Tag Archives: grief

How I Met Your Father: the one where I’ve had it with grieving

Kids, I am no stranger to grief. Since my Dad died the week after my 11th birthday, I have been well accquainted with this gods-awful, sucks balls emotion. At age 32 and a half in 2018, though, I was f***ing done with it… DONE!

dealing with grief
Image credit: http://www.threadsoflife.ca

See, just when I was regaining some semblance of a normal life after losing my grandpa two years earlier, the loss of a huge part of my life was looming because of political reasons and that f***ing horrible feeling of hollowness and devastation had returned.

No, this loss wasn’t a person but it was something that I had loved, nutured, cared for, fought for and I finally felt as if I had found my place in and losing it or at least, the current state of it, broke my heart just as badly.

Death, in life or the ending of something was truly a f***tard!

fuck death
Image credit: http://www.boldomatic.com

I veered between not eating and overeating, not being able to talk about it without crying,not sleeping or oversleeping, being mad and sad and confused all at the same time, denying it was happening… basically, all of the stages of grief, except acceptance.

I wasn’t ready to accept the loss yet because it meant that things would never,ever be the same again.

not ready for this
Image credit: Buzzfeed.com

Logically, I knew that this situation couldn’t go back to being what it was ever again but the idea of what awaited in the future just wasn’t something I could handle either.

Grief, you motherf***er, go the f*** away!

 

How I Met Your Father: Reflections on 20 years without my Dad

20161113_161629-01

“I hear babies crying, I watch them grow

They’ll learn much more than I’ll never know

And I think to myself what a wonderful world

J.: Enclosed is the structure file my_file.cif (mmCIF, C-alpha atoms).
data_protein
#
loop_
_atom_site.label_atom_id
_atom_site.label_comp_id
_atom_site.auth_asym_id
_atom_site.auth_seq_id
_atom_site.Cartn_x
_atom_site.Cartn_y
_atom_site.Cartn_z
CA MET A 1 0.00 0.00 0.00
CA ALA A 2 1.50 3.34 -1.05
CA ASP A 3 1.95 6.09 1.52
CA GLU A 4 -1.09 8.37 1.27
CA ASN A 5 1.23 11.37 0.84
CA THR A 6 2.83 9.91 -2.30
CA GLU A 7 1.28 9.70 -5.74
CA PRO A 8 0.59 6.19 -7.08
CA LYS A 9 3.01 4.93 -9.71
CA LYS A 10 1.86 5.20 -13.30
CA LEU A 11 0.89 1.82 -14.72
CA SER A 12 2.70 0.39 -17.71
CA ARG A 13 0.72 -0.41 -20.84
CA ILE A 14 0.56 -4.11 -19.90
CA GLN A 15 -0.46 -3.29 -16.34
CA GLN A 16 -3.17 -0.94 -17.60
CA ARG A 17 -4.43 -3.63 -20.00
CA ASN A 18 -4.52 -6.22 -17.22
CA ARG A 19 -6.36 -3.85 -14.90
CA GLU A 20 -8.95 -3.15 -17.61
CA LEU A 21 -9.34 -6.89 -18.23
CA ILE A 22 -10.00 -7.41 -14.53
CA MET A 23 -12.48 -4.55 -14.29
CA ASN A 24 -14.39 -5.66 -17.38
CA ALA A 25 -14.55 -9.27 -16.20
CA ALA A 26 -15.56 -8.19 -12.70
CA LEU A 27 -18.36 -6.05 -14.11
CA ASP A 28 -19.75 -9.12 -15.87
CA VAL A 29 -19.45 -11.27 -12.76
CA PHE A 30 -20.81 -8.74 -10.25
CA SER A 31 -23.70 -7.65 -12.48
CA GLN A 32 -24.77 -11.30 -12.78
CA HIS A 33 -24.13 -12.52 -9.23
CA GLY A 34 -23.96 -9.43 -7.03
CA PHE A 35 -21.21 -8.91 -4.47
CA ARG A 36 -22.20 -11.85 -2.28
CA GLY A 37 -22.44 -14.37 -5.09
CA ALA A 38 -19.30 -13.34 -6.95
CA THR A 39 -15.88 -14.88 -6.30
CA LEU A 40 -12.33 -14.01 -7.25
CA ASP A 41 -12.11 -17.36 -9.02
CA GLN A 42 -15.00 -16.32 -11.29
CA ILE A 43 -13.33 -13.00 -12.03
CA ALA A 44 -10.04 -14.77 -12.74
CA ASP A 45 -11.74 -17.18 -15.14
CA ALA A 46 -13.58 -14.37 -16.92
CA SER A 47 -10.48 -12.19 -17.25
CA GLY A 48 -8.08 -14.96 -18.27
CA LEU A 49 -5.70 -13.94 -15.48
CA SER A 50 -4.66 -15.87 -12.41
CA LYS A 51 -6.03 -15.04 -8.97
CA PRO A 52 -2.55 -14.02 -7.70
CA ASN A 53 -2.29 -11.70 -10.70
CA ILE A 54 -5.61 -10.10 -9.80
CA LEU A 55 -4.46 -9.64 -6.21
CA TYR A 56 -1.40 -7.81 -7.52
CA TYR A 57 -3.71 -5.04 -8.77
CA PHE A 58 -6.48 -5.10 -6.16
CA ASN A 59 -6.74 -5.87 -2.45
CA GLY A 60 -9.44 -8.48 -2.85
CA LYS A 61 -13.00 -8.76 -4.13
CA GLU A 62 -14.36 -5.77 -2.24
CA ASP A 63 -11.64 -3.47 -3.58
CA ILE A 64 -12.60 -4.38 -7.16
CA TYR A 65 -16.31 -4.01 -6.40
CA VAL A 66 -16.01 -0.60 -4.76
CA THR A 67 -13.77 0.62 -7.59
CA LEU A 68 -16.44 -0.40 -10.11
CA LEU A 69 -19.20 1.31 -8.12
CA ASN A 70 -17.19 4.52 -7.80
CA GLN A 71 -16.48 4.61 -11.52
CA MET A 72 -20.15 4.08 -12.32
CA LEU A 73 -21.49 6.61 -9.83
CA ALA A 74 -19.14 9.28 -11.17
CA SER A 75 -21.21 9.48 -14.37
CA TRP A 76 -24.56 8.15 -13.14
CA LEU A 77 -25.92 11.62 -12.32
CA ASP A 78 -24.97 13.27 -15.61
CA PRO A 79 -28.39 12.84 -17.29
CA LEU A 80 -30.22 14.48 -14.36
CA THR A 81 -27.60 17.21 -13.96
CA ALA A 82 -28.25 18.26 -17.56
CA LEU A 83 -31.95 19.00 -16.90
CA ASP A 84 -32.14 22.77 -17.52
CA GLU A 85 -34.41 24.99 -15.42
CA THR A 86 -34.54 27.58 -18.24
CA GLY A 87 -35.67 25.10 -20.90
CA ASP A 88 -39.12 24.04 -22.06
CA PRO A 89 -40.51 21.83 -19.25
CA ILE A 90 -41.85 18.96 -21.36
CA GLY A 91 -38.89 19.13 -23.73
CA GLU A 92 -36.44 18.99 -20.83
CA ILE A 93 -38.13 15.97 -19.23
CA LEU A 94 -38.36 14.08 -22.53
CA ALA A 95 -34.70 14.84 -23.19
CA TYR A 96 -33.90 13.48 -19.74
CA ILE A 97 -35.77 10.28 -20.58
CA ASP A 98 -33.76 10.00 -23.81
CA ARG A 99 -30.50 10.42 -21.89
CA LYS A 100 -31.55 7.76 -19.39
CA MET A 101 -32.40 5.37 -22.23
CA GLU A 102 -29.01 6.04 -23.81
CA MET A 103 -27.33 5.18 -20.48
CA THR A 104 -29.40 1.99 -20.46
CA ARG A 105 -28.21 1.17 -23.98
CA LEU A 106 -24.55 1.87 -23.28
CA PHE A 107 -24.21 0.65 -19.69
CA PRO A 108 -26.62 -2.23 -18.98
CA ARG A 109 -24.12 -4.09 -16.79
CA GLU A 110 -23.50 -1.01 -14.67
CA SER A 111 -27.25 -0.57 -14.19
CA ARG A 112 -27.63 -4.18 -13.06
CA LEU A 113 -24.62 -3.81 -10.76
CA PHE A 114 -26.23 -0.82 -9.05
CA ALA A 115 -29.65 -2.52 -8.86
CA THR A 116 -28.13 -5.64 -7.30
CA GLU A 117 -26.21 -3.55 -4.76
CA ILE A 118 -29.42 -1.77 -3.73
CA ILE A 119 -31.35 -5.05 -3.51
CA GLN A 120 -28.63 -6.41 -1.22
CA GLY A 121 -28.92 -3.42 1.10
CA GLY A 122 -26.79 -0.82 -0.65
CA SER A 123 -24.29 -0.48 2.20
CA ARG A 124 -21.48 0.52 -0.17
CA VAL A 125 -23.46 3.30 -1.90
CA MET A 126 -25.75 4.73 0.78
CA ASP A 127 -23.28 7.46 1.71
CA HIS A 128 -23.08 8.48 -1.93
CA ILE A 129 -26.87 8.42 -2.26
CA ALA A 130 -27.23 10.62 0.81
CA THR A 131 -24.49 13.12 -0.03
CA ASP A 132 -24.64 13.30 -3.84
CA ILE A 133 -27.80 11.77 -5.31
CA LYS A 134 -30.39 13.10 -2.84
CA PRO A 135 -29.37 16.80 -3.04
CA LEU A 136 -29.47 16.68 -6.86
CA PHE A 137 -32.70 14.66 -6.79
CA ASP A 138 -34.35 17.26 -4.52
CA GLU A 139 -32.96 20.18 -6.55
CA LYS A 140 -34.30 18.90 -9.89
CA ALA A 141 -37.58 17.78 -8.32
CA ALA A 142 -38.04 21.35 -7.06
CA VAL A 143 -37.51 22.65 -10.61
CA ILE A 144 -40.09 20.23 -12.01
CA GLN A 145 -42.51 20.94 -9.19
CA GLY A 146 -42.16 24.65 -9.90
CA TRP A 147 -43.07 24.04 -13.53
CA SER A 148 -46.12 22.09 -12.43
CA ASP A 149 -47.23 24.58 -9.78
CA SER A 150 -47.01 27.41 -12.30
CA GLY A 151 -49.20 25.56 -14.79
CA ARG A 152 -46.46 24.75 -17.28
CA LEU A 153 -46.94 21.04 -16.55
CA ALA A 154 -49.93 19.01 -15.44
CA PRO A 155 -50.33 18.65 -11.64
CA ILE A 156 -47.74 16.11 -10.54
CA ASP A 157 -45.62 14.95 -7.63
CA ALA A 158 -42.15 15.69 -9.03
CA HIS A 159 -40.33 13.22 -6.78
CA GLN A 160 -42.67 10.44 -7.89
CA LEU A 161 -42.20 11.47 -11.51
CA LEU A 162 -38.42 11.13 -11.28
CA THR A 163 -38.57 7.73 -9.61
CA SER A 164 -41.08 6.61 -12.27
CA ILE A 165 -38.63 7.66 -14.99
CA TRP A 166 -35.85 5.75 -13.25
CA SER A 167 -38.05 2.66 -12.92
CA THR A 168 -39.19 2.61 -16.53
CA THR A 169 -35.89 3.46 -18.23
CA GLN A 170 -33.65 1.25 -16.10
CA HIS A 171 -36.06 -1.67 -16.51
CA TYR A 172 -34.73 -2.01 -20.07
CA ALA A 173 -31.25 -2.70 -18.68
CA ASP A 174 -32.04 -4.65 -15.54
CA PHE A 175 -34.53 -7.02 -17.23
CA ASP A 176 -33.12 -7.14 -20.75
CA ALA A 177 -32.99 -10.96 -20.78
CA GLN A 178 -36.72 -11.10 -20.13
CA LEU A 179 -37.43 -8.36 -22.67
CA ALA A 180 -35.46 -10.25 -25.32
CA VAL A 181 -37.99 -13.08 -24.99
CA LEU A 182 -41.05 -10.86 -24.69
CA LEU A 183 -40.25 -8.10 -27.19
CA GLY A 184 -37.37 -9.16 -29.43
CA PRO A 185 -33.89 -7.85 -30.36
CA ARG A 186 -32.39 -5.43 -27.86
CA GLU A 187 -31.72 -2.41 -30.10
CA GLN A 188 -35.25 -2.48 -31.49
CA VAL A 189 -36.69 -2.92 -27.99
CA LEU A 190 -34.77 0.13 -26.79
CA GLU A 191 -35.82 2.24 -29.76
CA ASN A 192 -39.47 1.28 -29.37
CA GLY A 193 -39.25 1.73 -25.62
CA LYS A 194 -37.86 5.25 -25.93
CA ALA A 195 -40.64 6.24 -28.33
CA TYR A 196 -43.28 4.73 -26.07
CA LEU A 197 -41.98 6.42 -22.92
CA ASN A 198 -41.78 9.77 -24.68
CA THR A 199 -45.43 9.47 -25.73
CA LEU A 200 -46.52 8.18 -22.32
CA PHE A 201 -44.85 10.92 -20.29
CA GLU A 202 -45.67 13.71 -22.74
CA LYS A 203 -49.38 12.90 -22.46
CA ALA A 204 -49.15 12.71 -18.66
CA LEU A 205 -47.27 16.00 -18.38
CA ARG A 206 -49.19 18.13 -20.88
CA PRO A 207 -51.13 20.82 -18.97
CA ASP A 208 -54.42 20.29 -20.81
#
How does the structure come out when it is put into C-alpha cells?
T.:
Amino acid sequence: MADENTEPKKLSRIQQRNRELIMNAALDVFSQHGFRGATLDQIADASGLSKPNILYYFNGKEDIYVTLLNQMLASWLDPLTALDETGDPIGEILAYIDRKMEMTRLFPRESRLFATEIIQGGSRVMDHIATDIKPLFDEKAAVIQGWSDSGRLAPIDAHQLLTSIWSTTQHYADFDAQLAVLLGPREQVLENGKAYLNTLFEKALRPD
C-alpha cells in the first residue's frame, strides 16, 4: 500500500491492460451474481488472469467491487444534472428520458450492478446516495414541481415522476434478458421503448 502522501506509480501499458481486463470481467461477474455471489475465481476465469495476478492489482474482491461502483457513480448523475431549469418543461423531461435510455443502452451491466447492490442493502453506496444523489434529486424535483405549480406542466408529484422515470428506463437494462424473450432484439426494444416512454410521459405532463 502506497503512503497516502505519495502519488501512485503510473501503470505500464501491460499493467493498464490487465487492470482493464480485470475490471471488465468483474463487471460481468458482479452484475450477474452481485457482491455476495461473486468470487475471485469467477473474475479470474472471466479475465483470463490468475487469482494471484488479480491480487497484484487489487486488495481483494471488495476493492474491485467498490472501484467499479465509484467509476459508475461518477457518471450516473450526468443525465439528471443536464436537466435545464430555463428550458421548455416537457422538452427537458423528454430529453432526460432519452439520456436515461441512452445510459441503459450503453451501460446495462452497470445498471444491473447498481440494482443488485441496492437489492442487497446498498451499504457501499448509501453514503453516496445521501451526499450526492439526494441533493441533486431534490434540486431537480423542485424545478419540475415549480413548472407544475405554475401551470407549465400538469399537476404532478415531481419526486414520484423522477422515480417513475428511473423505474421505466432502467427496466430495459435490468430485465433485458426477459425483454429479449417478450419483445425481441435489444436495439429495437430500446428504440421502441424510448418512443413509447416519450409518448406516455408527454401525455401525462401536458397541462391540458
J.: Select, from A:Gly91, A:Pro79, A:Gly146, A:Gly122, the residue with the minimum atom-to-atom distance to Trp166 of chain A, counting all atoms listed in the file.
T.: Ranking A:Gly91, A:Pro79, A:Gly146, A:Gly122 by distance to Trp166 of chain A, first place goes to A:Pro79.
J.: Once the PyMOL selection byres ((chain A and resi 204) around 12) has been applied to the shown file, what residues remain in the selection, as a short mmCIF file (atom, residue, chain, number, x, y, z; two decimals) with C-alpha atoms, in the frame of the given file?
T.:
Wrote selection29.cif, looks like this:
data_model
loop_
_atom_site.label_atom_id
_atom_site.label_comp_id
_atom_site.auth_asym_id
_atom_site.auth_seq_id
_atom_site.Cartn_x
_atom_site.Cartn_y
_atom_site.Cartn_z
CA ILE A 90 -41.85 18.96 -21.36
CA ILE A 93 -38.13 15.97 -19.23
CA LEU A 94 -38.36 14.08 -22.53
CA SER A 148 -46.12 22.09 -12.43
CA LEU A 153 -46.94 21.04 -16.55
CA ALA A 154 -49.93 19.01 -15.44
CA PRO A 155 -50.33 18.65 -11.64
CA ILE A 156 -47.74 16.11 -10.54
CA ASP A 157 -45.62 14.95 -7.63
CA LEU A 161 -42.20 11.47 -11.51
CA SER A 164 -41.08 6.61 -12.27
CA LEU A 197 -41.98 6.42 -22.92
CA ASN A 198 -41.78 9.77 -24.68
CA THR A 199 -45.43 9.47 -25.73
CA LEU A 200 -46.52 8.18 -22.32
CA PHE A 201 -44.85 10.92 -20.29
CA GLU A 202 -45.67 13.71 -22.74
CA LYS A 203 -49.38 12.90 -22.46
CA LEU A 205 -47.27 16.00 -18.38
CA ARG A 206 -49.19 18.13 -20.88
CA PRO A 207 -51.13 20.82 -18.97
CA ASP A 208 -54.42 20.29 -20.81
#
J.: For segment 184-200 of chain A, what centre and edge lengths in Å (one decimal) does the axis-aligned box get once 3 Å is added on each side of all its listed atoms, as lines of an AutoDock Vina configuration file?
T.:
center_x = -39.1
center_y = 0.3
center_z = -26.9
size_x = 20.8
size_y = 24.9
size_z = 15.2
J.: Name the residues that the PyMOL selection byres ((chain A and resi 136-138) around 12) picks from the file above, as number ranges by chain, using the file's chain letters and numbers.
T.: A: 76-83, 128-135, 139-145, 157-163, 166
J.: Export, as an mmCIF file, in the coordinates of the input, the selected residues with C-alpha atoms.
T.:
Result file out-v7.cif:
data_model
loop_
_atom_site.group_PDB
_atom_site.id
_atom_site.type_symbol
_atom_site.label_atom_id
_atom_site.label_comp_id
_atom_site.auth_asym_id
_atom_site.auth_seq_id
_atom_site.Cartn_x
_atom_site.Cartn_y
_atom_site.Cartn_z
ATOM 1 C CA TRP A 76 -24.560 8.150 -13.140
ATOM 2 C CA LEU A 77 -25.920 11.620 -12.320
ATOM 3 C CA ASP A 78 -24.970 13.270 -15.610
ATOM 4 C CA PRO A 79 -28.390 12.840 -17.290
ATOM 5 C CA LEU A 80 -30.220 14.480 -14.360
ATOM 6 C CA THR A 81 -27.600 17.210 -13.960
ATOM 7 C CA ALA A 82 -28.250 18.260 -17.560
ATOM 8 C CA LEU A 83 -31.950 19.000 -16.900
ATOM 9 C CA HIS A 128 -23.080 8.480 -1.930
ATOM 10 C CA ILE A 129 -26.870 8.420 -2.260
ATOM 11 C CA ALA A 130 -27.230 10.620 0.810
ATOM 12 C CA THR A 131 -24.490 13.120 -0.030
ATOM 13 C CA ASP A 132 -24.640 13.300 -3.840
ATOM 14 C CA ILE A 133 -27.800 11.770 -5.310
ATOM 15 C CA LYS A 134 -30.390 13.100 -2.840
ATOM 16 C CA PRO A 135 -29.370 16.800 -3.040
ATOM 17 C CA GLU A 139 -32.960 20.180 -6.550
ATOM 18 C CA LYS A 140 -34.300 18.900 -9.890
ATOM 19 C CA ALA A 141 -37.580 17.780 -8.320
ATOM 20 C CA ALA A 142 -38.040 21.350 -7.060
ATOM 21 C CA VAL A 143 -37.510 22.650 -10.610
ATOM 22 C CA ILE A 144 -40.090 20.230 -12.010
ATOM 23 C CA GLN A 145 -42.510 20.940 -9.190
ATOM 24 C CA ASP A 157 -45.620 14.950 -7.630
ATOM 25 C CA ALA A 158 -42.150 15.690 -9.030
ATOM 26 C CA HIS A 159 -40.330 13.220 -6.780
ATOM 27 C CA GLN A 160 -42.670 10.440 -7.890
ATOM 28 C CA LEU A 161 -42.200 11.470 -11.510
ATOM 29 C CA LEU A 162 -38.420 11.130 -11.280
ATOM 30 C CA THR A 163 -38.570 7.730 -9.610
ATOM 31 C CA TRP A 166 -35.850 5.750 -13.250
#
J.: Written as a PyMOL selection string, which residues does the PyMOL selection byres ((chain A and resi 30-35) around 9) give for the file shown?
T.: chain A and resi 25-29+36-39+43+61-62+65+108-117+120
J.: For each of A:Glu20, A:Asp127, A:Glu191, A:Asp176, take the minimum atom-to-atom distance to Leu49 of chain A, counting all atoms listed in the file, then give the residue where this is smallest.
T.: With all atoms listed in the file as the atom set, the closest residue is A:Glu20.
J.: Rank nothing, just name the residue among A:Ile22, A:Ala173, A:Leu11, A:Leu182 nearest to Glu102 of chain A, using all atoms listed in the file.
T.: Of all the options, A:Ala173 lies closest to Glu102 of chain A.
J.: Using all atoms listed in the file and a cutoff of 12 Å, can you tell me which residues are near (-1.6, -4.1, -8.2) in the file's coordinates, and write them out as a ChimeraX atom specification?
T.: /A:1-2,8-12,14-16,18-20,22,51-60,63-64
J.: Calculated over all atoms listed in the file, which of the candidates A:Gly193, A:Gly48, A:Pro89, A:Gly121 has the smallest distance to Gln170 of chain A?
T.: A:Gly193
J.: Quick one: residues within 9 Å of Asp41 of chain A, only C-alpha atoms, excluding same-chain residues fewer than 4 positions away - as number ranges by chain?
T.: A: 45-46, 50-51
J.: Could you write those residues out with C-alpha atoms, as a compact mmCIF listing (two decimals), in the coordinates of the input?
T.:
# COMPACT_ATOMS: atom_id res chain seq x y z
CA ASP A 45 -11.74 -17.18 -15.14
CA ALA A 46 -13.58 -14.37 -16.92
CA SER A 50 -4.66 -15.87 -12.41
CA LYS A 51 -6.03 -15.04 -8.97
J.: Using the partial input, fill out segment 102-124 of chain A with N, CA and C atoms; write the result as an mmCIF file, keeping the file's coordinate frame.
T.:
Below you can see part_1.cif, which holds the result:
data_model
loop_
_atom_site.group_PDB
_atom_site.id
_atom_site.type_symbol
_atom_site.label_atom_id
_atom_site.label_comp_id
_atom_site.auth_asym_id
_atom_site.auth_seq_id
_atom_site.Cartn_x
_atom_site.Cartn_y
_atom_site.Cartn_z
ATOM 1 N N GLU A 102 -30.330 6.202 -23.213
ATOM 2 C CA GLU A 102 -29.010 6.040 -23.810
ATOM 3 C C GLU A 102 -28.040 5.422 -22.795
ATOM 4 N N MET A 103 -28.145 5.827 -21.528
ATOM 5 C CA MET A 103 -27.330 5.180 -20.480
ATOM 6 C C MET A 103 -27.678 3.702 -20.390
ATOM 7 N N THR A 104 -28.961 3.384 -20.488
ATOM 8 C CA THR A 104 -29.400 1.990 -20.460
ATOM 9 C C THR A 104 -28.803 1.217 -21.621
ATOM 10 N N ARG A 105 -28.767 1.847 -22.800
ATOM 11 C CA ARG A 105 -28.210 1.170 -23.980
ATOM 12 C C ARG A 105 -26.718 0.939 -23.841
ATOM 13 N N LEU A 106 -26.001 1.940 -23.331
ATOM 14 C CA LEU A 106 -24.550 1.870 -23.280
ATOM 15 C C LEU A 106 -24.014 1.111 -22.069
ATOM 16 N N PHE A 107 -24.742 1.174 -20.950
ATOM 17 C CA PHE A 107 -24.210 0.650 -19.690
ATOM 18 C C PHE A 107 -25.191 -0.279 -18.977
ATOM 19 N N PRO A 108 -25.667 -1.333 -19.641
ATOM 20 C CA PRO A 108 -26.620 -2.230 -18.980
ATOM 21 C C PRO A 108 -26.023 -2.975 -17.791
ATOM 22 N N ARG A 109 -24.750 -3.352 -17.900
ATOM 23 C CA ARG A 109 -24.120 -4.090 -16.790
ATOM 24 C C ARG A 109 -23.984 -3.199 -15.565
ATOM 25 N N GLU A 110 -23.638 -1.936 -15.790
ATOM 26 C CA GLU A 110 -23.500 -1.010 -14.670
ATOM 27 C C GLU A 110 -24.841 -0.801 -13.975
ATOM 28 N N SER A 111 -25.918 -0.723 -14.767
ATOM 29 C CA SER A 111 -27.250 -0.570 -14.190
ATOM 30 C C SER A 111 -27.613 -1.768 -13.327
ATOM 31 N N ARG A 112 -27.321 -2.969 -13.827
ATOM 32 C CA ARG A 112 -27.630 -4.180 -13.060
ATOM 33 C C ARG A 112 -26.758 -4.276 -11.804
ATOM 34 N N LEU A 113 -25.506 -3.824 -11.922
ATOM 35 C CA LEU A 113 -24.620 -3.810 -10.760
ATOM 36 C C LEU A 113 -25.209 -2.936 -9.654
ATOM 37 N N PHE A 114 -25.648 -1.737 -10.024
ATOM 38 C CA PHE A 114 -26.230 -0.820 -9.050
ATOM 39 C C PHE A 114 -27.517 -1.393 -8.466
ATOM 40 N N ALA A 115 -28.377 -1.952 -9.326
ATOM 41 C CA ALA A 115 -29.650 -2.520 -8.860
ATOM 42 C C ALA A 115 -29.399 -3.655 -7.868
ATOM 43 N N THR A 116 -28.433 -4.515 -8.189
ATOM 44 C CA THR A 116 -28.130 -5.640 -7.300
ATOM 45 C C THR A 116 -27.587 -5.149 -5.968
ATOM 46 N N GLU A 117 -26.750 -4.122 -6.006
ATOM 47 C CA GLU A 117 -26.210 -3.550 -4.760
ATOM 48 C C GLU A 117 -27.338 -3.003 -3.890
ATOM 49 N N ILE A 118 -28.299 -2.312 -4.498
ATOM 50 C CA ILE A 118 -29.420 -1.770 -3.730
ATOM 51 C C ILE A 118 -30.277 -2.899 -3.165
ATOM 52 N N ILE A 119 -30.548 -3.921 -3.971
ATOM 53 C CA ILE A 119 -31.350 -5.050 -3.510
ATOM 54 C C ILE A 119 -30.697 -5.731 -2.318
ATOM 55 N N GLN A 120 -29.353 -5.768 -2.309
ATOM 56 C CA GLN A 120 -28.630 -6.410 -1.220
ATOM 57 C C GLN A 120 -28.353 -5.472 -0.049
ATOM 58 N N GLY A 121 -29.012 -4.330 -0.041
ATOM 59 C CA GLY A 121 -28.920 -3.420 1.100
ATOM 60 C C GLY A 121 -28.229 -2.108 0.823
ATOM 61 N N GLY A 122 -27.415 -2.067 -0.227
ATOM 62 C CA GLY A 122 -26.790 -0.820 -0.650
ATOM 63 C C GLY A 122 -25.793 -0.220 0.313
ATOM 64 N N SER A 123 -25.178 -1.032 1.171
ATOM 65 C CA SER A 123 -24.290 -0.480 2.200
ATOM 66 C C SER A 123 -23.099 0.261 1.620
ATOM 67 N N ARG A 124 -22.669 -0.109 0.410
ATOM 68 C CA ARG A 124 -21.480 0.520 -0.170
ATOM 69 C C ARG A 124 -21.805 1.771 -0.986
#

Yes I think to myself what a wonderful world” – Louis Armstrong

Kids, I really hate the date 23 November. It’s the date in 2015 when we were told your great-grandfather was dying and it’s the date in 1996 when we lost your grandfather, my Dad, to a violent and senseless crime.

That this date is exactly a week after my birthday on 16 November, is something I have been haunted by for decades. It seems like a lifetime ago when one week my family and friends were gathered around one table celebrating my birth and the next, those same people were crying around a body.

It’s why I make a huge fuss about my birthday each year – I need to be surrounded by love and happiness because the next week, I won’t be.

On the 23rd,   I withdraw from everything and everyone and I don’t usually talk about my Dad because even after all this time, the loss of him is equally painful and liberating. I know you won’t understand that, because you’ve never met him but Dad and I had a complex relationship. We still do.

It sounds clichéd, having Daddy issues, but my father was a force like no other. Fun-loving, daring, loving, passionate, creative and my all-time hero; Faizel Williams also had a very dark, frightening side I was often exposed to. I loved both parts of him in equal measures but I would be lying if I said it didn’t have an effect on how I engage with people, especially men, as an adult.

Eleven is a really young age to have to deal with grief – hell, your aunt Sam was eight – and a loss like that leaves an undeniable mark on your psyche, your soul and your heart.

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The Williams Four in 1988

Over the years, I’ve become accustomed to not having my Dad around for the big things – matric dances, first crushes, first boyfriends, first job, my graduations, my driver’s licence test, my first international trip, my wedding and your births.

It’s the small things, though, that still trip me up – I want to be able to call him when I am sad or mad or hungry; get a big bear hug when I need it or dance in the middle of a busy road because our favourite song is playing.

I ache for a missing parent but I count my lucky stars for the one who is still around. Your Nan Soraya, though, Kids, is unbelievably incredible. She’s been there for all of the big moments and every little one in between and she did it all on her own. Sam and I are so incredibly lucky to have such a Supermom!

On 23 November, 2016, Your Nan, Aunt Sam and I remembered your grandfather on his 20th death anniversary with one of his favourite songs:

We love you, Daddy, always xx

 

How I Met Your Father: The One in which we say goodbye to Pa

“Dear Fuzzy, I am sad to hear about your grandfather. You are very lucky that you had a grandfather your whole entire life. Love from Kris.”

Kids, your Great-Grandfather, Mogamatdien Shellar nee Percival Francisco Shellar, gently left this world on Thursday 30 June, 2016, causing my Universe to come to an abrupt halt. Of all the condolences I received, this one from your 11-year-old Spirit brother really hit home.

Pa 1